Shares of Immunomedics (IMMU), a clinical-stage drug developer focused on proprietary monoclonal antibody-based therapies designed to fight cancer, surged as much as 12% on Monday following a business update on Friday that saw a controversial licensing come to a close. Shares of Immunomedics rose nearly 18% on Friday following the news.
Normally when two companies scrap a licensing deal, the smaller one, or the one most perceived to need the capital associated with the up-front licensing fee, takes it on the chin. That's not been the case since Friday's announcement, which ended a licensing pact with Seattle Genetics (SGEN 0.91%) over the rights to antibody-drug conjugate IMMU-132, also known as sacituzumab govitecan.
In February, Seattle Genetics inked a deal that would have given $250 million in up-front cash to Immunomedics, as well as dangled a $1.7 billion carrot in various development, regulatory, and sales-based milestones. It was also to take a $57 million equity investment in the company at the time, which worked out to 9.9%.
However, investment fund venBio Select Advisor and a number of investors felt that Immunomedics markedly undervalued its lead asset with the Seattle Genetics deal. Thus, the announcement on Friday that the two were mutually ending their licensing pact came as positive news to Wall Street. Under the termination agreement, all rights to sacituzumab govitecan will be returned to Immunomedics, and Seattle Genetics will hang on to 3 million Immunomedics shares, with warrants to acquire up to 8.7 million shares at $4.90 through the end of this year.
Additionally, the press release notes that Immunomedics has agreed to sell 1 million shares of preferred stock in an effort to raise $125 million in gross proceeds, which will add to the $46 million in cash it had as of the end of the first quarter.
And finally, Immunomedics announced that its CEO was stepping down, as well as its founder, from all current officer positions. Founder David Goldenberg will be sticking around on Immunomedics' board of directors.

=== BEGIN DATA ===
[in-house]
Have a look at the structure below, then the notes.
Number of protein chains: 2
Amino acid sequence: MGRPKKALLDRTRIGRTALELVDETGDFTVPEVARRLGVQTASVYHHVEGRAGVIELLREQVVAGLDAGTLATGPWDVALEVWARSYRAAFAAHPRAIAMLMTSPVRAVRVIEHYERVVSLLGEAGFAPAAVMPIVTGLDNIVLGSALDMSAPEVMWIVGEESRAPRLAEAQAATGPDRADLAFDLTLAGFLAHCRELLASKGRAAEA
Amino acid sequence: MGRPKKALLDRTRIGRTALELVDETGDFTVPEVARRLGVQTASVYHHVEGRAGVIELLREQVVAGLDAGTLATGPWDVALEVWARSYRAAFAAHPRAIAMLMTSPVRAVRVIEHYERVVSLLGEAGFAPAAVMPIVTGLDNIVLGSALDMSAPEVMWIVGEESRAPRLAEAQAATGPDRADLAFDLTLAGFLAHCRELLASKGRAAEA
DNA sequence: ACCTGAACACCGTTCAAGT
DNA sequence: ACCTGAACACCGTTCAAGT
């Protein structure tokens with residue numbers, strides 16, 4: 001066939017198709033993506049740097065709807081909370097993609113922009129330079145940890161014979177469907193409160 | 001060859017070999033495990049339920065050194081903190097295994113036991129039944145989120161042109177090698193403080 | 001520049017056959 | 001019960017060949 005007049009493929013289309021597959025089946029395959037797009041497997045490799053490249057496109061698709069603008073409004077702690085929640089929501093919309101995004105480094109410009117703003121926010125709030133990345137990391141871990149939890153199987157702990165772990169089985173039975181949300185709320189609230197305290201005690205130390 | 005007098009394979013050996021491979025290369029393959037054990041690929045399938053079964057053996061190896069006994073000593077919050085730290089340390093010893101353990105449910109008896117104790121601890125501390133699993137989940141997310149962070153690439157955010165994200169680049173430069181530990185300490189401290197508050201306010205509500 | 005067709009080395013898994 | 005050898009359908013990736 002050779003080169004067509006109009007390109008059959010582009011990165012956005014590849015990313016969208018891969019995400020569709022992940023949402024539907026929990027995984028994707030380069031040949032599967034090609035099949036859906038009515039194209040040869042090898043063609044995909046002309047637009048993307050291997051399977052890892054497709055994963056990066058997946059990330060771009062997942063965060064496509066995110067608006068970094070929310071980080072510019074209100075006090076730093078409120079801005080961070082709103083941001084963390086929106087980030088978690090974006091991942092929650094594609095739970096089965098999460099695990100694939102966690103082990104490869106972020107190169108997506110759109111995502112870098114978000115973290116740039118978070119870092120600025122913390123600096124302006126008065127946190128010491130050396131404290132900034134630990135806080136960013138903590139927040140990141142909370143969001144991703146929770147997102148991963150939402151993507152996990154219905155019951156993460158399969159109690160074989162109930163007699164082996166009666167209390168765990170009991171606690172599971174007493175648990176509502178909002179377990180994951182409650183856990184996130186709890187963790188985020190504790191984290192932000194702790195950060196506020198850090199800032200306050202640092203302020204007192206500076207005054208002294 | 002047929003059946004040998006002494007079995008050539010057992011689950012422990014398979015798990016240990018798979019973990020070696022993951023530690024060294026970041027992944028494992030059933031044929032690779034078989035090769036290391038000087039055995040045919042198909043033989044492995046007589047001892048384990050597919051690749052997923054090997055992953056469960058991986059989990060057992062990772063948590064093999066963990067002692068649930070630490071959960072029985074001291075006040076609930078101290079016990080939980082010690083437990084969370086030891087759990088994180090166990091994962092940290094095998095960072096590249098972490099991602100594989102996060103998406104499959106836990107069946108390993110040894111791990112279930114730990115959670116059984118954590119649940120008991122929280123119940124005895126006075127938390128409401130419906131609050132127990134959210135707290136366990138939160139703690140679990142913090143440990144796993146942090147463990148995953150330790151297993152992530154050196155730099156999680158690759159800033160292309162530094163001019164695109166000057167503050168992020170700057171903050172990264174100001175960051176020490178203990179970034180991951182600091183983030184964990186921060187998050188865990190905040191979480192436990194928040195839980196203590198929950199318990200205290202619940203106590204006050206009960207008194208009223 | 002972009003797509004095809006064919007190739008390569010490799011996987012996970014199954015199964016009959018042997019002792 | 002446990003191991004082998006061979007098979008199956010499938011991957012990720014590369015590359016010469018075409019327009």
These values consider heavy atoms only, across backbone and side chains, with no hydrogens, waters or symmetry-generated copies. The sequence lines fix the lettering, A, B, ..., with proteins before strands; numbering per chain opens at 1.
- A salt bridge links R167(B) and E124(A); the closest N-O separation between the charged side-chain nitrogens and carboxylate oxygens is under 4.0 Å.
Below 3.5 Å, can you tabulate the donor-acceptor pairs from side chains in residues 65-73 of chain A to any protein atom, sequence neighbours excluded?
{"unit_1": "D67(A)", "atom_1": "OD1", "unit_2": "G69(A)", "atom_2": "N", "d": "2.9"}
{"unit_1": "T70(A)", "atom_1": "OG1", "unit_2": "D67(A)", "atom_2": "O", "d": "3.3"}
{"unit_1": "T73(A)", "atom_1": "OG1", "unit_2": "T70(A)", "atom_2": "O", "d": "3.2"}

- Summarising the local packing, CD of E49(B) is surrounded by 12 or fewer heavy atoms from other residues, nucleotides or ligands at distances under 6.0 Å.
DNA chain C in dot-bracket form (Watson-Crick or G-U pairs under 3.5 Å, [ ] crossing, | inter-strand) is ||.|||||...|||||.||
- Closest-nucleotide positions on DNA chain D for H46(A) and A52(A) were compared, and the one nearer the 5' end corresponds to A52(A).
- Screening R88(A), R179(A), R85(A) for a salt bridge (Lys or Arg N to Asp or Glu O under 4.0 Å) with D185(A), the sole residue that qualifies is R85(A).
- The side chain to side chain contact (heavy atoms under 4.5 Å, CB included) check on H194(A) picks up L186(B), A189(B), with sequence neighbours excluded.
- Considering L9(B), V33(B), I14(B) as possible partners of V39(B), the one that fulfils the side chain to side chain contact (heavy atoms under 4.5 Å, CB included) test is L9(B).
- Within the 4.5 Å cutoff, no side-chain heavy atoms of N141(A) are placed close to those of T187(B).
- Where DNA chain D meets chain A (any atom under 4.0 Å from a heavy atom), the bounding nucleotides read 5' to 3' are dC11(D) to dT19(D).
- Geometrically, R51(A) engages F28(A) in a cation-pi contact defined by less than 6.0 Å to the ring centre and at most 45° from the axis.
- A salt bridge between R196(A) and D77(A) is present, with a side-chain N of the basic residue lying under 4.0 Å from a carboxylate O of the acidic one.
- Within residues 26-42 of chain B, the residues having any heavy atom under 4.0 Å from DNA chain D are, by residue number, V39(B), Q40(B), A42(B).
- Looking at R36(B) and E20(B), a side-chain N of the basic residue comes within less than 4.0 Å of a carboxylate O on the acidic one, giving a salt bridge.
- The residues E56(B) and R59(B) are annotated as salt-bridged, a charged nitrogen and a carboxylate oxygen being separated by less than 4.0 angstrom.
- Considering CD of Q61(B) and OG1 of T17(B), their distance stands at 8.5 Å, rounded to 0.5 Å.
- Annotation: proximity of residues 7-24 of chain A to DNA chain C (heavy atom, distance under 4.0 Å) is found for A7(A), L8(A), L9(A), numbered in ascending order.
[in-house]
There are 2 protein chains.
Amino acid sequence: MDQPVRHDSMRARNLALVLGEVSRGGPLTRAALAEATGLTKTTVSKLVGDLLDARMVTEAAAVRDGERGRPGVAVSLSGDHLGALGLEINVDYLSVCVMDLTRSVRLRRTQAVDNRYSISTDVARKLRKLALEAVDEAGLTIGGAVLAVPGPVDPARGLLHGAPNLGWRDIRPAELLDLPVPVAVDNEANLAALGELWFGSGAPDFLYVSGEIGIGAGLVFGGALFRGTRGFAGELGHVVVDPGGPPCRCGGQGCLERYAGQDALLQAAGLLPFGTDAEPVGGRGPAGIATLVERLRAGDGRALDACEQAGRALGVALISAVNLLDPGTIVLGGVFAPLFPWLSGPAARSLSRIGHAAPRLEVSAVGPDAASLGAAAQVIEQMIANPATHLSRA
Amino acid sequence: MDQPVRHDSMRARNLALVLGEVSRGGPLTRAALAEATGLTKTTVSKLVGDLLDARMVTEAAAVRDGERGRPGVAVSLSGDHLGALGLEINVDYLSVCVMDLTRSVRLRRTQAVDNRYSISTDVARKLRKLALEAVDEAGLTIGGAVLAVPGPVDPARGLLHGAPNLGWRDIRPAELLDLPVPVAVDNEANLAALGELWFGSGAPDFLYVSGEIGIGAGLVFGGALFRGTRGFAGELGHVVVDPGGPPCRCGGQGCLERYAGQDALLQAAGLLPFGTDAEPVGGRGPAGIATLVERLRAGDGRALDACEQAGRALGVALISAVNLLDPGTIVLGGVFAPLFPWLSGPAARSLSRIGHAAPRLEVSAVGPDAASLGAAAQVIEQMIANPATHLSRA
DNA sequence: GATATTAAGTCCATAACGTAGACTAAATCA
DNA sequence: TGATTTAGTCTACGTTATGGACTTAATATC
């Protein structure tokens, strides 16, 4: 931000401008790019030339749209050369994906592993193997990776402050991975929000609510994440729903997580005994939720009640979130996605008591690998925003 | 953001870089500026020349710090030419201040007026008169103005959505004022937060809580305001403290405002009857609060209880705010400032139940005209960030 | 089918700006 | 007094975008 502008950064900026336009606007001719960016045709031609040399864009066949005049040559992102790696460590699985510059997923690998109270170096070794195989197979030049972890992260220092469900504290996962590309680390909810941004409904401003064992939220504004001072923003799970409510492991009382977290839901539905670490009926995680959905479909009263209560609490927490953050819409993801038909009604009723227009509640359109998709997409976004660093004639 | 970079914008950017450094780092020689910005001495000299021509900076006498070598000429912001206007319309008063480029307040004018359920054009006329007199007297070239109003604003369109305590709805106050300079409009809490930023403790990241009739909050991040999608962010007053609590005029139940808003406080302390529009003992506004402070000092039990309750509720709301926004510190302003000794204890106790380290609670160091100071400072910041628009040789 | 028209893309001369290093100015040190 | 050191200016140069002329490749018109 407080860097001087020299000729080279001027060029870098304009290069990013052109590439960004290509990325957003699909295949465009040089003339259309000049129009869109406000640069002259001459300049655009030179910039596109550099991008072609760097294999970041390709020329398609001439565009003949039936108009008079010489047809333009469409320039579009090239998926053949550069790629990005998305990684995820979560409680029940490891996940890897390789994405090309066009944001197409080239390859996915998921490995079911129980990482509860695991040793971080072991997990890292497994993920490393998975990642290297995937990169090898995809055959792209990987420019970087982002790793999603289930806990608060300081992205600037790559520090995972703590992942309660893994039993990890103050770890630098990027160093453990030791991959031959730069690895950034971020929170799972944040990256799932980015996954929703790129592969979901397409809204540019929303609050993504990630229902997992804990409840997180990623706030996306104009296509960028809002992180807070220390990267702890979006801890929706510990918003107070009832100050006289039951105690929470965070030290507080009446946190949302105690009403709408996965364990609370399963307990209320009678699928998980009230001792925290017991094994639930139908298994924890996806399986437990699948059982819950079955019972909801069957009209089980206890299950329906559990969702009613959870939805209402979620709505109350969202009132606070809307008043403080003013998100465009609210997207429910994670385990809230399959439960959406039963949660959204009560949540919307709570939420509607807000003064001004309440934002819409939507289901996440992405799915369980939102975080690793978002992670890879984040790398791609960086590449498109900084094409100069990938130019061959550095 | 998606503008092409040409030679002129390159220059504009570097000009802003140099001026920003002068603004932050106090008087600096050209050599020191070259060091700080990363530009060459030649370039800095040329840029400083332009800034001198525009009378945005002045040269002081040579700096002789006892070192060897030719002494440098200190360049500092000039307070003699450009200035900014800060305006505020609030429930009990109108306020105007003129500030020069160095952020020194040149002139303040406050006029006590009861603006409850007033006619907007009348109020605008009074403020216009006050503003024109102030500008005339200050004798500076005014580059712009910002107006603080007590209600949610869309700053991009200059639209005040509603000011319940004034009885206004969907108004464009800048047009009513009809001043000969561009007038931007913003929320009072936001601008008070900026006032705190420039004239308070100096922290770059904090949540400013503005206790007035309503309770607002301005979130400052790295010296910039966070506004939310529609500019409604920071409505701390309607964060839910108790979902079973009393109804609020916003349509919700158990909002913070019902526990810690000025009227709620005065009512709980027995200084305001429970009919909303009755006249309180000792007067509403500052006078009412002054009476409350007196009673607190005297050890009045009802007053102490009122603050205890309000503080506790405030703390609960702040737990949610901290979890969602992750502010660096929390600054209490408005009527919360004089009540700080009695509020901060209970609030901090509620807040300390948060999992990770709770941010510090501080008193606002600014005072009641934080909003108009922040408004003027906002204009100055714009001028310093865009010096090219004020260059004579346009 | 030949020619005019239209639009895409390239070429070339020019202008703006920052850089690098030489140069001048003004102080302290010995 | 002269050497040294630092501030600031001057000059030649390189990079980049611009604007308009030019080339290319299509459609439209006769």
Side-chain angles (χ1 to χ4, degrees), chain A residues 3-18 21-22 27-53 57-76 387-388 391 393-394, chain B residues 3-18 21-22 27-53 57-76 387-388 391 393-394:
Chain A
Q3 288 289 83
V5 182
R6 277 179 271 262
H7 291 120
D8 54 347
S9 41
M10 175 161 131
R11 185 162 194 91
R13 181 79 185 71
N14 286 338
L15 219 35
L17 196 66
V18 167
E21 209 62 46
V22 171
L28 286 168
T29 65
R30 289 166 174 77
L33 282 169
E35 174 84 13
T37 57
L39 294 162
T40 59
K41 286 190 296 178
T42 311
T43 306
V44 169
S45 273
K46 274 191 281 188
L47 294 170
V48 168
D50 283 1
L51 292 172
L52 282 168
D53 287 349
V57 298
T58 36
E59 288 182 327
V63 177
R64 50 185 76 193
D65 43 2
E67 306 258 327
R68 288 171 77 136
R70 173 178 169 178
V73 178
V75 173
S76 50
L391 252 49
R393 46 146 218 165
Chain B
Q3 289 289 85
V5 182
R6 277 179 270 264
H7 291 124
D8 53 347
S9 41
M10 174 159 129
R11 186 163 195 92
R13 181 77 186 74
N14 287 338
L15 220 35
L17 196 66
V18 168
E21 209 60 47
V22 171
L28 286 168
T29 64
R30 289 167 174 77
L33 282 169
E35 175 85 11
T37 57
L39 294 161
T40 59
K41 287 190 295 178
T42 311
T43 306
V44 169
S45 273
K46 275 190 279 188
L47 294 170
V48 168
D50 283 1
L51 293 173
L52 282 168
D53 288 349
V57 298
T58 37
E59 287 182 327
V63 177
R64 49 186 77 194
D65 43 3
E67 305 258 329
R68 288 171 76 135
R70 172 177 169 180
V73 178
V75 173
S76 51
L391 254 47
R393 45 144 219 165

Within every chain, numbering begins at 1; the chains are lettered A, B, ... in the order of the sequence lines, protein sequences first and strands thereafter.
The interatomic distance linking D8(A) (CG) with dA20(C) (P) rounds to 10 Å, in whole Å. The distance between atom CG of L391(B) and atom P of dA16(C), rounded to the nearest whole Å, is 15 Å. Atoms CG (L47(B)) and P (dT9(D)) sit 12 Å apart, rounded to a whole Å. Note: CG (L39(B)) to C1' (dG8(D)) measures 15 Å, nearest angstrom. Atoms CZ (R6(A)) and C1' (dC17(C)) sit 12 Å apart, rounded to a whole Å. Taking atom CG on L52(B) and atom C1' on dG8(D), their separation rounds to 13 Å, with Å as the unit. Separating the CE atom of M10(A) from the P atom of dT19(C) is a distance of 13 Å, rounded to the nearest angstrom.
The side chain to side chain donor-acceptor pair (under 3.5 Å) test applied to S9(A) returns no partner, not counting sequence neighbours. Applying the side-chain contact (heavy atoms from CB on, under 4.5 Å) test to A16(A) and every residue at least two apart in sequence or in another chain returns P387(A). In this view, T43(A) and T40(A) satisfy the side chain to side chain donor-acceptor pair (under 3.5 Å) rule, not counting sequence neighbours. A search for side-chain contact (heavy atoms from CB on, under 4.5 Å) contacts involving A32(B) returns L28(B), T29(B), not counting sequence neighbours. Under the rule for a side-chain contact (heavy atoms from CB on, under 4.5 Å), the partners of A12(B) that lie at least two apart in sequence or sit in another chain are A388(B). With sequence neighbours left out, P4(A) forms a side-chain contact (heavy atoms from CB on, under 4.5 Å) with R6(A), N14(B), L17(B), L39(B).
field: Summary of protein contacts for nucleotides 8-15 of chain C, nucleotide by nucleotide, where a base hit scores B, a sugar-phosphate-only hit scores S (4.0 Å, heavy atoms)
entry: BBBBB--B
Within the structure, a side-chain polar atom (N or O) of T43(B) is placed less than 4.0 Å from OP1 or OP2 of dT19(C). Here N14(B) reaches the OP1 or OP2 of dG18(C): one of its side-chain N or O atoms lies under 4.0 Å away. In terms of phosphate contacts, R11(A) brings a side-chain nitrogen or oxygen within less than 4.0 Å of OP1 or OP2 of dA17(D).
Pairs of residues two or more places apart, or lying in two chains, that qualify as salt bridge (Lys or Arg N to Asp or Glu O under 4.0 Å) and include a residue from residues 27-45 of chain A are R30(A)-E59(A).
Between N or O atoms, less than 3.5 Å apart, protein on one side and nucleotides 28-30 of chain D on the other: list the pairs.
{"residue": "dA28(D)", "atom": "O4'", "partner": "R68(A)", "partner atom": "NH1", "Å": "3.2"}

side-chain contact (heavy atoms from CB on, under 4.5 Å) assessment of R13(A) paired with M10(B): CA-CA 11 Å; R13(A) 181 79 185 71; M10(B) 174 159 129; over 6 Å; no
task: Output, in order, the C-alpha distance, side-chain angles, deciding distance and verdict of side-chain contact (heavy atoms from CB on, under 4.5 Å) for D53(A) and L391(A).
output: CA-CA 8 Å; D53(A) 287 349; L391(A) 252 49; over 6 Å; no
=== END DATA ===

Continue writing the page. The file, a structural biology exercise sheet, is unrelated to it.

Talk about some very big changes afoot at Immunomedics.
Perhaps the only downside to the company's late-week press release was the timeline for filing a biologic license application for sacituzumab govitecan. The company now anticipates a filing for approval in third-line metastatic triple-negative breast cancer in the fourth quarter of this year or perhaps first quarter of next year, compared to a prior timeline of mid-2017. Even with an accelerated approval process, it could be a good year or more before we have any real answers, and if approved before Immunomedics sees any recurring revenue.
There's also a lot of wiggle room with regard to what the Food and Drug Administration will deem "effective." The company's confirmed overall response rate (ORR) in metastatic triple-negative breast cancer of 29% (for 85 patients) should be good enough to give sacituzumab govitecan a real shot at approval. On the other hand, a 43-patient ORR of 16% with a median progression-free survival of 3.7 months may not pass muster.
Nonetheless, with a fresh round of capital and a new management team at the helm, investors are excited about the future. I'll need to see more definitive clinical evidence from IMMU-132, and perhaps other pipeline products, before I'm as excited as Wall Street appears to be.